Table 3. Distribution of answers to the question: “Do you think it is acceptable that people who disagree with authorities’ actions publicly criticize the president and the government?”, %

We have already found out that the Belarusians are most afraid of material trouble. Are these fears well grounded or are they, so to say, in order “to be on the safe side”? It appears that there are reasons – almost 80% of the respondents stated that they face wage and pension arrears with various regularity while more than 17% of the questioned (22.3% among president’s adherents) face this problem almost every month. And only 6% had never seen wage or pension delays!
Timely pensions and wages for budget sphere employees have for a long time been the authorities’ trump card for a long time. They constantly pointed out that salaries and pensions were not huge but were always on time, unlike in Russia and Ukraine. Now we have grounds to say that the authorities do not have this trump anymore. A. Lukashenko himself mentioned in his annual appeal to the government that that the state’s fulfillment of its commitments roused censure. Being aware of the special importance of this problem he bullied the government with all kinds of sanctions. Considering the fact that present Russian officials did not only declare timely and full wages as their priority but are also constantly raising salary figures, the Belarusian economic model looks less appealing. Another powerful argument for its critics on the eve of the elections.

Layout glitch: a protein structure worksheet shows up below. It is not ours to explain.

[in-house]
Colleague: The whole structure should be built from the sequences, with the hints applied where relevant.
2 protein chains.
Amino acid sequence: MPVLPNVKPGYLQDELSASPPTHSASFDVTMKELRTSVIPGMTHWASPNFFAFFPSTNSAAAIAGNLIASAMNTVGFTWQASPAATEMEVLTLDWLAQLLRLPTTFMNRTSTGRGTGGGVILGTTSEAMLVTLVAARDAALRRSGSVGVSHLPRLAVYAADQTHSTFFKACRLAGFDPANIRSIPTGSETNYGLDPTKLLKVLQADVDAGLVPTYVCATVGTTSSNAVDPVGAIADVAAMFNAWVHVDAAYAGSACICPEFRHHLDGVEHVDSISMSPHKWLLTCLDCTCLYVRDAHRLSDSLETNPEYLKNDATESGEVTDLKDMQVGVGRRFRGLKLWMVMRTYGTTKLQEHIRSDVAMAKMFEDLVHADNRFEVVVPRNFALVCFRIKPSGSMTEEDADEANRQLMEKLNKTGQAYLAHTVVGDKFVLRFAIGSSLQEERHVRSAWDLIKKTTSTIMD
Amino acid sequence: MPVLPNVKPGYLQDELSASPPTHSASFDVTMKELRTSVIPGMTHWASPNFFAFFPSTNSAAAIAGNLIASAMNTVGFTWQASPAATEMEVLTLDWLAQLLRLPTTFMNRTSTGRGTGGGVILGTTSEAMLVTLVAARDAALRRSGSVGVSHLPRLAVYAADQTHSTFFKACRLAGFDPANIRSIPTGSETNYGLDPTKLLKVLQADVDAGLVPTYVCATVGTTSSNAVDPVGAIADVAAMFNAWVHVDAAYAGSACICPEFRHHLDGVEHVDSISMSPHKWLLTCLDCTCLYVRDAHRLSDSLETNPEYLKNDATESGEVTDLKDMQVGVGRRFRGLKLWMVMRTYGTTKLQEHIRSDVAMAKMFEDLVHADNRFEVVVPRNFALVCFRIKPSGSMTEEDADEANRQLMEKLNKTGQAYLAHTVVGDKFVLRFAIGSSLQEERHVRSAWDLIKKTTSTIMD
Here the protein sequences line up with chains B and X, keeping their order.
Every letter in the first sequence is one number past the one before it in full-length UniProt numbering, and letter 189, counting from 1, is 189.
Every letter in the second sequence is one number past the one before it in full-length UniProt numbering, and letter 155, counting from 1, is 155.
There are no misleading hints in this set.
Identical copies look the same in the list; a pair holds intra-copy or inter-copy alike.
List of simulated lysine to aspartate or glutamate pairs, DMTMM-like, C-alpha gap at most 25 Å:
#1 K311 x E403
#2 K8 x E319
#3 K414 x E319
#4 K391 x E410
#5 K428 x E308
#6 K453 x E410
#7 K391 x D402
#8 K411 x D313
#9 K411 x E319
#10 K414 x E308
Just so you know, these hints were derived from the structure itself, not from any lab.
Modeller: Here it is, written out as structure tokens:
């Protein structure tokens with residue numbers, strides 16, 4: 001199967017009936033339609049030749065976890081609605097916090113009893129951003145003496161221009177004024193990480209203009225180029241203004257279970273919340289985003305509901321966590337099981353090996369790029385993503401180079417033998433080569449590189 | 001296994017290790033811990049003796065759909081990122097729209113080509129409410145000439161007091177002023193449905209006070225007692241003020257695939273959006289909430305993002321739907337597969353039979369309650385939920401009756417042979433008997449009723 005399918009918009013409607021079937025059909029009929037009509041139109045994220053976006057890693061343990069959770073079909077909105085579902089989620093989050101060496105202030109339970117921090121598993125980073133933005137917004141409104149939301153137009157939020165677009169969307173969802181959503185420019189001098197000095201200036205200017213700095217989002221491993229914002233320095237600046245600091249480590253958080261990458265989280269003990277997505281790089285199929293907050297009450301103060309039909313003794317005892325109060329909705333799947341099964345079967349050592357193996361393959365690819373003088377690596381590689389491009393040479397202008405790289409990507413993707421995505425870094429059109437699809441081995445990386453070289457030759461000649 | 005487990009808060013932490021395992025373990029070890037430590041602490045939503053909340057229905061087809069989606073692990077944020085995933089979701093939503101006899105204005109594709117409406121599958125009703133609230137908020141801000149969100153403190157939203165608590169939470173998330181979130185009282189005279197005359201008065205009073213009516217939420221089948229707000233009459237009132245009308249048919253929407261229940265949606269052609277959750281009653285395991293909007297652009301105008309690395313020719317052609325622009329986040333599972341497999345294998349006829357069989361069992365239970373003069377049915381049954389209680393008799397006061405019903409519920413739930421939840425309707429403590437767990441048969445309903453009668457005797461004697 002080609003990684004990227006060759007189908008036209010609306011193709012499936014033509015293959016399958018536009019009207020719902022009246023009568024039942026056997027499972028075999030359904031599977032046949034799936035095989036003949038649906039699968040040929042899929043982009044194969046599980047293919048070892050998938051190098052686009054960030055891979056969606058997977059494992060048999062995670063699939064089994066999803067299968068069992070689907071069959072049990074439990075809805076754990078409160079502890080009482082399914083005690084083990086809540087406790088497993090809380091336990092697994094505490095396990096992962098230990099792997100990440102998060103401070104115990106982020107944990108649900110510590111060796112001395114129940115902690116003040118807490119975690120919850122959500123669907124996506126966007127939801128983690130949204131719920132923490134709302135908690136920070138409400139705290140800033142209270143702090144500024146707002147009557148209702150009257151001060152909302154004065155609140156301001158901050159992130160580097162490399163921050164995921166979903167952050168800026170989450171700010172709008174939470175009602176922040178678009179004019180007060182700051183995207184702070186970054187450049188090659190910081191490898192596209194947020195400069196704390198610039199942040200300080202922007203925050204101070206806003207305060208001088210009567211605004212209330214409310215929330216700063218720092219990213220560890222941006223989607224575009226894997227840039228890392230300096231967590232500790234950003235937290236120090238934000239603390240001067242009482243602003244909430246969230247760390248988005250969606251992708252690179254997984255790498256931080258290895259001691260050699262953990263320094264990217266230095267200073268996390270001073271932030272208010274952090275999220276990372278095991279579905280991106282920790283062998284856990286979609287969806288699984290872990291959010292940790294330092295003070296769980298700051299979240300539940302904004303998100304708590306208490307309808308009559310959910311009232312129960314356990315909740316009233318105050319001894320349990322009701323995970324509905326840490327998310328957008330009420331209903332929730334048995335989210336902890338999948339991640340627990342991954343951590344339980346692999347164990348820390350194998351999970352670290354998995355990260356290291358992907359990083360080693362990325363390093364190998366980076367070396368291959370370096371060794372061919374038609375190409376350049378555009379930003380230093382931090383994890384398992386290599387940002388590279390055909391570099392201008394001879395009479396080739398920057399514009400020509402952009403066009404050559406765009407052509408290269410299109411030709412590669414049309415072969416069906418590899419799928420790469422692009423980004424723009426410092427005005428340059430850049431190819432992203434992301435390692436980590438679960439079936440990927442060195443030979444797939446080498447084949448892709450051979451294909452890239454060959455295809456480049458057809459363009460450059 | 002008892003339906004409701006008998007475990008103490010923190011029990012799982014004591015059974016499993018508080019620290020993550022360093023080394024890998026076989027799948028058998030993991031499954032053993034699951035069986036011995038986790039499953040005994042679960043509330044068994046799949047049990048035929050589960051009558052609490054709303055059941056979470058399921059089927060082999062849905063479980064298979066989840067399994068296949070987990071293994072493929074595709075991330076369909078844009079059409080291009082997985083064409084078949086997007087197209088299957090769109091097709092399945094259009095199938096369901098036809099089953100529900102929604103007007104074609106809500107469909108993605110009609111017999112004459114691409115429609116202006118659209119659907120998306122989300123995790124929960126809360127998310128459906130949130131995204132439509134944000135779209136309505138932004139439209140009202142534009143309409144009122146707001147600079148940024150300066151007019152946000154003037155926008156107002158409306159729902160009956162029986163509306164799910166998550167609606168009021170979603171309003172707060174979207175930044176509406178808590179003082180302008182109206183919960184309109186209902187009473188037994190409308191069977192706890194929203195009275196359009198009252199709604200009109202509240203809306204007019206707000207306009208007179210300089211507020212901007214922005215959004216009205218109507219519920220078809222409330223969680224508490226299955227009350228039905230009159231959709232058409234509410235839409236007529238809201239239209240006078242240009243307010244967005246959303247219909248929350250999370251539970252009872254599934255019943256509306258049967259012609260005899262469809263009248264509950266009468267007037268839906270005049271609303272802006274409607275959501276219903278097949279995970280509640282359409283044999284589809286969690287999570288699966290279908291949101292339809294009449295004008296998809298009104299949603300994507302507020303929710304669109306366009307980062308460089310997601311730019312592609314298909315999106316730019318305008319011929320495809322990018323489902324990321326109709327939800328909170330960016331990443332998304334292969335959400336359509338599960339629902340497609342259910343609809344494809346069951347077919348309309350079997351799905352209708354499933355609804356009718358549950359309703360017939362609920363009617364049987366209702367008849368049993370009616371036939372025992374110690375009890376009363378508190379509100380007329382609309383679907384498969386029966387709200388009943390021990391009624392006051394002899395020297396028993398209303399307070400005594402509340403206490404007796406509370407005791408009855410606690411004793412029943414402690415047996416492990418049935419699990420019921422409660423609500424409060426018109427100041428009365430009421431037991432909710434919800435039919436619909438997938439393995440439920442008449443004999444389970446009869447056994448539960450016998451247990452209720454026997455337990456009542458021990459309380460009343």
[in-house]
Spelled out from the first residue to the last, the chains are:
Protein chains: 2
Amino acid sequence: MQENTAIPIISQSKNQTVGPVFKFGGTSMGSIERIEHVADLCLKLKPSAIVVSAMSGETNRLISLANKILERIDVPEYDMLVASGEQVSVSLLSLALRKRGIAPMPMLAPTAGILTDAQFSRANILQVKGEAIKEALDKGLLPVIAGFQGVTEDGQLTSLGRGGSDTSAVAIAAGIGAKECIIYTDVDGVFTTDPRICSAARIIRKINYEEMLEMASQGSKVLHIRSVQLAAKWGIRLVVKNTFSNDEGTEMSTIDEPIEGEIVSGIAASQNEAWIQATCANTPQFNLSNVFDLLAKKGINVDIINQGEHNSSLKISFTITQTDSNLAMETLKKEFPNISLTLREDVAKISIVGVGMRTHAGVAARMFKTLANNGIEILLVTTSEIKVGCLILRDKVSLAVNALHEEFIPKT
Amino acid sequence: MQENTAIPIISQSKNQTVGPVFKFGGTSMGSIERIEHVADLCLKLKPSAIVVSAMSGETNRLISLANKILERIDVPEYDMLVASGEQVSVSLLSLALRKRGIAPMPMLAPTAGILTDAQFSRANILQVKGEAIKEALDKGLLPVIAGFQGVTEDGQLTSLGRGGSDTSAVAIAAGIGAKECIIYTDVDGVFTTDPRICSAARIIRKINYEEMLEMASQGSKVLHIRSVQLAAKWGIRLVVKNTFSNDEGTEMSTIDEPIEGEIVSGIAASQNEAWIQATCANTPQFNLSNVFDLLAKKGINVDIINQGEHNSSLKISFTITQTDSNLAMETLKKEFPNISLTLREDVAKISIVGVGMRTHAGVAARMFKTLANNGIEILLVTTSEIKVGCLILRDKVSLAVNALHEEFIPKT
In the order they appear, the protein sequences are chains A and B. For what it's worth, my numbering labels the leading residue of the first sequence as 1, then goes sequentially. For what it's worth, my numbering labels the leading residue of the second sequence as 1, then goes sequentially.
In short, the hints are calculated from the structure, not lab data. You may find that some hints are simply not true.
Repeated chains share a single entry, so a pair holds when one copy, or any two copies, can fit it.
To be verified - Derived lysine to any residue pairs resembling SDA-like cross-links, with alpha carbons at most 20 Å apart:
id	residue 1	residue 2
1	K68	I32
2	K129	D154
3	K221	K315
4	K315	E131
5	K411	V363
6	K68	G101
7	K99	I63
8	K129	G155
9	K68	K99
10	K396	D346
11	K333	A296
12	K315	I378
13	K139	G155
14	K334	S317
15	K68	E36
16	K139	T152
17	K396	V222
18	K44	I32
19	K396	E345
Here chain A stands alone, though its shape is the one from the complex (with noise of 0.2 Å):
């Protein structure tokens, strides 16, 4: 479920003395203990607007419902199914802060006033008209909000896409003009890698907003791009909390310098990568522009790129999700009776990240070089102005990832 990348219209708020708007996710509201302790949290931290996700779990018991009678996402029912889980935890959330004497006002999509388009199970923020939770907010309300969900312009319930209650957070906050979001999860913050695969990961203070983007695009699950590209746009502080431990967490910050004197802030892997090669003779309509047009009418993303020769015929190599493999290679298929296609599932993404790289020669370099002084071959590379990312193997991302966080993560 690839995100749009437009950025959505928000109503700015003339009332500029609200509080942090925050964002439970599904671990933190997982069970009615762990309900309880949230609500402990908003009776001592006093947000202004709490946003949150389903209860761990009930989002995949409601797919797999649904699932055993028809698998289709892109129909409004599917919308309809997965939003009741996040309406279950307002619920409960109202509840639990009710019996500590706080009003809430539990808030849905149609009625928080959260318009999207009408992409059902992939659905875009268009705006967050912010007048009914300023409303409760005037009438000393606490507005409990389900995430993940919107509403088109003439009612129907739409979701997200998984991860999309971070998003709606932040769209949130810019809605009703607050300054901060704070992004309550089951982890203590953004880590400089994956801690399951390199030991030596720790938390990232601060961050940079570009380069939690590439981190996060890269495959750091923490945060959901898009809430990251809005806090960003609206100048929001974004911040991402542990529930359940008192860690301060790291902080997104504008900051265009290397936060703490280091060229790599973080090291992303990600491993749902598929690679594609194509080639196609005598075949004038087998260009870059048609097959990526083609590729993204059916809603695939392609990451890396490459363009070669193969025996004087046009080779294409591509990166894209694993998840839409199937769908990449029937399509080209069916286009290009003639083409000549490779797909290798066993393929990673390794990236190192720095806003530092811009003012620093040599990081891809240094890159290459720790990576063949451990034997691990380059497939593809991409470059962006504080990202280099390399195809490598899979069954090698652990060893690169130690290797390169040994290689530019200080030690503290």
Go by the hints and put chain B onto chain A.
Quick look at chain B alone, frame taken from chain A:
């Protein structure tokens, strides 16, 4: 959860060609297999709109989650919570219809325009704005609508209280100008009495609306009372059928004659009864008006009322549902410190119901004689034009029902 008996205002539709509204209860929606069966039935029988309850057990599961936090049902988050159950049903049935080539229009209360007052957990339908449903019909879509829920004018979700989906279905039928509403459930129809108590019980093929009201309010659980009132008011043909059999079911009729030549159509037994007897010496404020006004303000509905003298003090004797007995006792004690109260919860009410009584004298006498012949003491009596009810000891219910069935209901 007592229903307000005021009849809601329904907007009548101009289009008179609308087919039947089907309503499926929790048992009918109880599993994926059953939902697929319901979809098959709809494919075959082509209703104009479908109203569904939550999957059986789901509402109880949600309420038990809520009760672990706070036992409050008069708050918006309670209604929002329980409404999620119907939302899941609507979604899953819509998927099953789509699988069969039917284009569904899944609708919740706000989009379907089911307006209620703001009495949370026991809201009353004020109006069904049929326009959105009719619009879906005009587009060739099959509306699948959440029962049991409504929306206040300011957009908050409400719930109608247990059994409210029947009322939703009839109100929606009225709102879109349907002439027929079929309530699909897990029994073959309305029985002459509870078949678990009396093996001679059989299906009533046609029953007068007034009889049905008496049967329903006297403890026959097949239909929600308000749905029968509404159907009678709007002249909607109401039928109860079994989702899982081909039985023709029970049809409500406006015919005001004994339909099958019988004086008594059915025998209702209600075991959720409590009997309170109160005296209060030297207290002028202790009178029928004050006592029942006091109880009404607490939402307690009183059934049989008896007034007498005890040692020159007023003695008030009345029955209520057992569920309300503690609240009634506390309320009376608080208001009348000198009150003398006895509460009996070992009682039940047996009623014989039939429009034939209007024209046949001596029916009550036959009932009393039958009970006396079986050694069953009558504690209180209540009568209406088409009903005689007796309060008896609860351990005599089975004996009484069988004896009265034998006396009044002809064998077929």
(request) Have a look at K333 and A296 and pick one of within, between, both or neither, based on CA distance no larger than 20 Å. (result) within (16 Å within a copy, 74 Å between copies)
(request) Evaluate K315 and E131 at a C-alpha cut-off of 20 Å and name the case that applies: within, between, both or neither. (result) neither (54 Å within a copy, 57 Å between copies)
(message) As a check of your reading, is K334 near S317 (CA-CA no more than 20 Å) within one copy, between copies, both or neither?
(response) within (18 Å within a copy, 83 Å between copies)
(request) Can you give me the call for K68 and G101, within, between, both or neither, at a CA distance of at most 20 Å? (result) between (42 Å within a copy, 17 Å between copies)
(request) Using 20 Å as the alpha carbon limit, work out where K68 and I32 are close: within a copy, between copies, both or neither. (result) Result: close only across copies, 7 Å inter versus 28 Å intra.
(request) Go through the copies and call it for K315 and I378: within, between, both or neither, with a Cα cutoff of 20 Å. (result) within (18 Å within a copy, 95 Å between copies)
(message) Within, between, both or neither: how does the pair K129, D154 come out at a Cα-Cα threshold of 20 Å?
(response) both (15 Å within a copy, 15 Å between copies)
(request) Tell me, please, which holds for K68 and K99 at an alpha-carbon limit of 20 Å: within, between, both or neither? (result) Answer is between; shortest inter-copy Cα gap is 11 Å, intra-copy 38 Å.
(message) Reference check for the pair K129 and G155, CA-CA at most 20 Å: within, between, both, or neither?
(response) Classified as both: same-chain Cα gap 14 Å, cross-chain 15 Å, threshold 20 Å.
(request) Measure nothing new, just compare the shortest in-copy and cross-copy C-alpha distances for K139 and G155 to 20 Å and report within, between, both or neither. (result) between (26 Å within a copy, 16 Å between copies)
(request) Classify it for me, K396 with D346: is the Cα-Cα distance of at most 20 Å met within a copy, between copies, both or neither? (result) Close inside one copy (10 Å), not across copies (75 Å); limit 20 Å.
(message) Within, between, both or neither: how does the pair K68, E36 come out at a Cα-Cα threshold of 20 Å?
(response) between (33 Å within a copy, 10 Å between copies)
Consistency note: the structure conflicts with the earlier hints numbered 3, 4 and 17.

Table 4. Distribution of answers to the question: “What is your attitude towards mass actions of the opposition?”, %

* This variant of answer was omitted in the given poll
** In the given poll the following answer was used offered –”Find it difficult to answer”

Table 5. Distribution of answers to the question: “What is your attitude towards participating in public actions to express one’s opinion?”, %

Can social tension caused by wage and pension arrears make people take to the streets and join protest actions? First we should say that the voters’ attitude to such events is still reserved (See Table 4). Despite all the efforts of Freedom Day organizers one half of the people still know nothing of it. One fifth remained indifferent to it in spite of the rude actions of law enforcers, and the numbers of non-indifferent people (with positive or negative attitude) are small and almost equal. Without too much sympathy for street democracy adherents, Belarusians themselves are not very eager to express their opinions actively. Without mentioning the most extreme forms we should say that even meetings and marches would be joined by only 17% of the respondent (See Table 5). Let us bear in mind that 17.6% do not get their salaries in time almost every month and that readiness does not always mean participation. We can only repeat that any kind of public disagreement is regarded by the silent majority as radicalism and Belarusians have never been very fond of radicals.